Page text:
By using magnetised concrete slabs, roads would be able to charge compatible battery-powered electric vehicles driving over it
Indiana Department of Transportation (INDOT) and Purdue University, have announced that they are planning to start the development of contact-less wireless-charging concrete pavement highway segment. This project is a part of the ASPIRE (Advancing Sustainability through Power Infrastructure for Road Electrification) initiative, and the tech is being developed in association with German startup Magment.
Not much has been revealed about the project at the moment, however, some info is available via Magment’s website. The company uses magnetisable concrete that has an extremely high wireless transmission efficiency, claimed to be around 95 per cent. The technology is all-weather and vandalism-proof, and has high thermal conductivity as well.
The project will be conducted in three phases, with the first two phases consisting of pavement testing, analysis, and optimization research. These will be conducted at Purdue University’s West Lafayette campus by Joint Transportation Research Program (JTRP). As for phase three of the project, it will consist of on-site testing.
The location for phase three testing is yet to be determined, although INDOT did reveal that it would be constructing a quarter-mile-long testbed to check the magnetised concrete’s capacity to charge heavy electric trucks operation (rated at 200 kilowatts or above). The testing is scheduled to begin later this summer.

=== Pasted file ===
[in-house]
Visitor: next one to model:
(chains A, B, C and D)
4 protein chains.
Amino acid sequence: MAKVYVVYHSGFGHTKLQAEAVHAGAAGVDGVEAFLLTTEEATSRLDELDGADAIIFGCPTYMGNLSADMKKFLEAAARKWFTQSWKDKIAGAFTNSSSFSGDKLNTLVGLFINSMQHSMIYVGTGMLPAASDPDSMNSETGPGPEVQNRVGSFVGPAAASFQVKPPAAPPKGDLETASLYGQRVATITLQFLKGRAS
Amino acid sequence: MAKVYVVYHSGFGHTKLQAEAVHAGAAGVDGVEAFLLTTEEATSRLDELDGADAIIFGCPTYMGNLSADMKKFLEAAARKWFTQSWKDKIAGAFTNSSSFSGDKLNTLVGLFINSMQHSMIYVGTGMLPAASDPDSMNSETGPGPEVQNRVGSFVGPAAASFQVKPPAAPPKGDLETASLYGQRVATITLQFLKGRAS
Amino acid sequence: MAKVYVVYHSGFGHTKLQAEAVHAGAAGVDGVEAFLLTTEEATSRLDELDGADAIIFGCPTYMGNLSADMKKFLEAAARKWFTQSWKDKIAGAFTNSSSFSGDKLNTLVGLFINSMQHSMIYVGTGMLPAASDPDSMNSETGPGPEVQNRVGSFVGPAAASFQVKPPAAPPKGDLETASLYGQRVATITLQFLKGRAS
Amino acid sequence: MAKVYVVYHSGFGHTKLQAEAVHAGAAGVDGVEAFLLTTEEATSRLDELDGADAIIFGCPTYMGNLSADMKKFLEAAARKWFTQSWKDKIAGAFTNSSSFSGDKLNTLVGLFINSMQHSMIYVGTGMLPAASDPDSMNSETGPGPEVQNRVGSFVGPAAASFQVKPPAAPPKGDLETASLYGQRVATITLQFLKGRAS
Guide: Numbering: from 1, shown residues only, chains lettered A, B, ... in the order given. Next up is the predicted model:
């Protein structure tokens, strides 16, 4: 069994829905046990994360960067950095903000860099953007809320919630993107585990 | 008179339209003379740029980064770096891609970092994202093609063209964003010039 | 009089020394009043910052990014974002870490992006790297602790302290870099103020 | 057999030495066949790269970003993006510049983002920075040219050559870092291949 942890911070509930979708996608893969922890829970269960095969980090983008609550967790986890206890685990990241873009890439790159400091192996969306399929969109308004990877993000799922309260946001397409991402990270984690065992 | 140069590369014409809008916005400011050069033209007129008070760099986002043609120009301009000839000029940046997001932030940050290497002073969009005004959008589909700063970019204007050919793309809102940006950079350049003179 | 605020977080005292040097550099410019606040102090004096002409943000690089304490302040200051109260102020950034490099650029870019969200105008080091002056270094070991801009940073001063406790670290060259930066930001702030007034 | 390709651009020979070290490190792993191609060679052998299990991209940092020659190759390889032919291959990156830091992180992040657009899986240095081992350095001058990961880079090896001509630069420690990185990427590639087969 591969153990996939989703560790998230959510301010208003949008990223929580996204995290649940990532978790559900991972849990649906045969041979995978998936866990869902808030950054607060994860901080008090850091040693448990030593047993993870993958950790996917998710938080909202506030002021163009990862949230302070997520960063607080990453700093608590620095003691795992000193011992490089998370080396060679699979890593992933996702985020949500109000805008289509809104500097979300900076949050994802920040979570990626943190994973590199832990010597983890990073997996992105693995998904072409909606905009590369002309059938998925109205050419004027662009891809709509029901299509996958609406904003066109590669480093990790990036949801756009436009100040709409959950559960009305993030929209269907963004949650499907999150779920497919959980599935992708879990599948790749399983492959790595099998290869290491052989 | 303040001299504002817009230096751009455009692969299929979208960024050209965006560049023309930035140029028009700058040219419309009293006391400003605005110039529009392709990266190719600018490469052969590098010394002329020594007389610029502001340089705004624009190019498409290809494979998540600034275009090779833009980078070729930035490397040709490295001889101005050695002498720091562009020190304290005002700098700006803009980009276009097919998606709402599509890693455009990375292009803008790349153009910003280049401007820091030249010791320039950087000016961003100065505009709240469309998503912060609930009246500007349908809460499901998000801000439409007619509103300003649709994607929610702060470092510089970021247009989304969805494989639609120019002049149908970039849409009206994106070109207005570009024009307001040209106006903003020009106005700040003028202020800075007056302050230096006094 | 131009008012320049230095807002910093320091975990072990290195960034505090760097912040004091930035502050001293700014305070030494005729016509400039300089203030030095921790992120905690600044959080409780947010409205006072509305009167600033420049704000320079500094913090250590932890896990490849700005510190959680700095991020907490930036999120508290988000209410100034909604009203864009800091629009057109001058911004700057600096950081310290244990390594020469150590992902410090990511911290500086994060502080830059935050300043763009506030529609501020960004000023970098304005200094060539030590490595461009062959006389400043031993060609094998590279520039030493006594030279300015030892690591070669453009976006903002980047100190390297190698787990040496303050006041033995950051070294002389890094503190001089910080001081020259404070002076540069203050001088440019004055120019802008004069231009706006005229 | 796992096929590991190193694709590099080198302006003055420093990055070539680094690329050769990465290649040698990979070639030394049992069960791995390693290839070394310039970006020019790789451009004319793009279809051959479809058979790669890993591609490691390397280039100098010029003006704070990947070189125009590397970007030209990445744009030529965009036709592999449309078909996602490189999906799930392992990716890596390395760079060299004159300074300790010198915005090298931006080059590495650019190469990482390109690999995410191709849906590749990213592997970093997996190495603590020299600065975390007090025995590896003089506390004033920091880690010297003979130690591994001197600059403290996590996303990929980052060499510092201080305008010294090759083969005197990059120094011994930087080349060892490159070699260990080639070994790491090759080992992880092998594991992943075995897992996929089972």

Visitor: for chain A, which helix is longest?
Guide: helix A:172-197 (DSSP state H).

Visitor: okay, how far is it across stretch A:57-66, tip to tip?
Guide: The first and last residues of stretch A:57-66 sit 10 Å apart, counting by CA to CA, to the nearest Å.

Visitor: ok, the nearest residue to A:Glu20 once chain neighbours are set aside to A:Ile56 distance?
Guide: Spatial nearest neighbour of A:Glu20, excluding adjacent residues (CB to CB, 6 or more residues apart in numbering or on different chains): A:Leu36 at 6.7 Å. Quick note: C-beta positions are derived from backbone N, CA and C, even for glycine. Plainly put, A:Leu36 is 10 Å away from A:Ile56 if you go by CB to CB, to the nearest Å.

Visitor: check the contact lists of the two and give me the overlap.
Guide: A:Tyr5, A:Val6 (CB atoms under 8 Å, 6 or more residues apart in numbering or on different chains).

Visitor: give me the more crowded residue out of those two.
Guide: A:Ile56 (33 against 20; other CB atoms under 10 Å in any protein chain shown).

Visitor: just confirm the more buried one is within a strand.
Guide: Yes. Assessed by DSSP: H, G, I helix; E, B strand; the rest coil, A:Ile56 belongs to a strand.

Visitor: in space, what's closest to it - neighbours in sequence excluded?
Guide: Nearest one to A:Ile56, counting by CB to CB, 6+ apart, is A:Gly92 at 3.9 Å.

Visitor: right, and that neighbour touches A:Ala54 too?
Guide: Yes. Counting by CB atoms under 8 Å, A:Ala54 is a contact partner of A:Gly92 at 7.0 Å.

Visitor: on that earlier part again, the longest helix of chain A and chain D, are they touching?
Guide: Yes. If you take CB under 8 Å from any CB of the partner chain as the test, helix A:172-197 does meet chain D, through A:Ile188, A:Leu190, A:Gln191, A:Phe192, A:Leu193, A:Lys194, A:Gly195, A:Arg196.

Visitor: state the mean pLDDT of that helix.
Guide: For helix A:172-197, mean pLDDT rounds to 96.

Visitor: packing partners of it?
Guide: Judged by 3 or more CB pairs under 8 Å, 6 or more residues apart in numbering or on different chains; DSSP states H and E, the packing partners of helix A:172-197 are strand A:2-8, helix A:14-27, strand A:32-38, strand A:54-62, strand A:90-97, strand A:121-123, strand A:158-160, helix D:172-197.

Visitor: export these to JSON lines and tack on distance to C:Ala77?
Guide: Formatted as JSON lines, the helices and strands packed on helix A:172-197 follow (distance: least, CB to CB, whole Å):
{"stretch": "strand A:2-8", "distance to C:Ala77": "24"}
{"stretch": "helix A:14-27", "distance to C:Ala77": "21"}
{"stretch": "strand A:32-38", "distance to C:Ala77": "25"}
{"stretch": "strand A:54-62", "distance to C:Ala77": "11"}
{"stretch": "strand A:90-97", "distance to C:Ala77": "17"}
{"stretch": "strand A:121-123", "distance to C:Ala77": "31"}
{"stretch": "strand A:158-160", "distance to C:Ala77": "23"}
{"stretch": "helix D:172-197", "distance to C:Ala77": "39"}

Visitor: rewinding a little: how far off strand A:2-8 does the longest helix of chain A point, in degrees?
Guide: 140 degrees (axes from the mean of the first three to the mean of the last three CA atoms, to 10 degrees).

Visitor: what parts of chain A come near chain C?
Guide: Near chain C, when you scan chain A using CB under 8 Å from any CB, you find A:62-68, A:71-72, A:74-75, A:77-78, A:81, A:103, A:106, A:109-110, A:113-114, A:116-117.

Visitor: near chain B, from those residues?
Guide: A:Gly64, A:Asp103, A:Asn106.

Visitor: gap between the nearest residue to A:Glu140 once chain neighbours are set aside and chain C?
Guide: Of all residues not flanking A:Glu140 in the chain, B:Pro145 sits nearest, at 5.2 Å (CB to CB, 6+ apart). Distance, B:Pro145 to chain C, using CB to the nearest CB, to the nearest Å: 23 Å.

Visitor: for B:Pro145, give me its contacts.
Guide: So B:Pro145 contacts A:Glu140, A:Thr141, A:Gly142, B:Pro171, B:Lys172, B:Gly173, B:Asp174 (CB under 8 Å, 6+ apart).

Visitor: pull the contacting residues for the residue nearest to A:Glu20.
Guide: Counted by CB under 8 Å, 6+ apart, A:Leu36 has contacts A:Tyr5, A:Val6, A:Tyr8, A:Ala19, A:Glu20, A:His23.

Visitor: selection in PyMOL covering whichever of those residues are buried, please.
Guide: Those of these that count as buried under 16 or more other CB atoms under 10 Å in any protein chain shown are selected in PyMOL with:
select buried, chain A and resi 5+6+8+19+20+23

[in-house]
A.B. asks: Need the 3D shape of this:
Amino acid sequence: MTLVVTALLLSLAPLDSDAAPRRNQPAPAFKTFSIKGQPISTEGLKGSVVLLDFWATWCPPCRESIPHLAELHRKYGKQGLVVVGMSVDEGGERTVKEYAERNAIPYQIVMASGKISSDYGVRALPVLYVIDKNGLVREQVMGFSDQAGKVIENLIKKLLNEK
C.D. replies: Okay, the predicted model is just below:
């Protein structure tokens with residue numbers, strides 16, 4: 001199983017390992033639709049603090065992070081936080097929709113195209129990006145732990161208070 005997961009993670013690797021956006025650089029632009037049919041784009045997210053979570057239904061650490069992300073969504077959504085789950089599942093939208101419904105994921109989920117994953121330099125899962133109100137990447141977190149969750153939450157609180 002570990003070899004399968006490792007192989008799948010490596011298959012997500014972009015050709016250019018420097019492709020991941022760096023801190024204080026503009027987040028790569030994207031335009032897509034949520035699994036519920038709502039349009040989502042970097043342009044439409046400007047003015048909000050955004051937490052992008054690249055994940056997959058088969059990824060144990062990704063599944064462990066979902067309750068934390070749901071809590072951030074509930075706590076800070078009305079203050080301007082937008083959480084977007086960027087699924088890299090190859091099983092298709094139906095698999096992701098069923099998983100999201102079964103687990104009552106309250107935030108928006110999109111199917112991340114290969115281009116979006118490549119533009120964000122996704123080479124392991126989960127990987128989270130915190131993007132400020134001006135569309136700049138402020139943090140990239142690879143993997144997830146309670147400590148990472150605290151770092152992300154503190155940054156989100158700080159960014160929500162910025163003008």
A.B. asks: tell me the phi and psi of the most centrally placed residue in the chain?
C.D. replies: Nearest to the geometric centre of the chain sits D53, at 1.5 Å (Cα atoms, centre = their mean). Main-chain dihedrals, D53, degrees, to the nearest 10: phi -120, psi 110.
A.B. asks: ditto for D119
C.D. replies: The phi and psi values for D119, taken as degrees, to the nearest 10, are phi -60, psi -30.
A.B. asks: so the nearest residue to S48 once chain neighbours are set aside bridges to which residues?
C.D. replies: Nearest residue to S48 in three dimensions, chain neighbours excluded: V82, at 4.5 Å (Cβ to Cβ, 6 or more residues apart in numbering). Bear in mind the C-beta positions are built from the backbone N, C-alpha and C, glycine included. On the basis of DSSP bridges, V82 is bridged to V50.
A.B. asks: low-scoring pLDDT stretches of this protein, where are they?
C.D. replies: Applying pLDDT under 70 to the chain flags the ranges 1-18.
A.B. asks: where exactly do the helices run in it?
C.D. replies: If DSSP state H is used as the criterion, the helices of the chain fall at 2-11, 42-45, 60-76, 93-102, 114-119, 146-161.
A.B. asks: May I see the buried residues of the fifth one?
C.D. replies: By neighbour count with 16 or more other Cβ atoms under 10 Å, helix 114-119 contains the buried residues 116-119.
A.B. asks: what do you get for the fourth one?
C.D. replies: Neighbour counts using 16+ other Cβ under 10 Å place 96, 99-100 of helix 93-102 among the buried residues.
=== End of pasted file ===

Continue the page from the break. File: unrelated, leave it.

“Indiana is known as the Crossroads of America and we’re committed to fortifying our position as a transportation leader by innovating to support the emerging vehicle technology,” Eric J. Holcomb, Governor of Indiana, said. “This partnership to develop wireless charging technology for highways sends a strong signal that Indiana is on the leading edge of delivering the infrastructure needed to support the adoption of electric vehicles.”
INDOT isn’t the first to try its hand at wireless EV charging tech. A similar project was launched in Gumi, South Korea, developed by the Korea Advanced Institute of Science and Technology (KAIST), which allows electric trams and buses to charge wireless over certain sections of select roads. If such technology were to go mainstream, the adoption of battery-powered EVs will certainly grow significantly across the globe.
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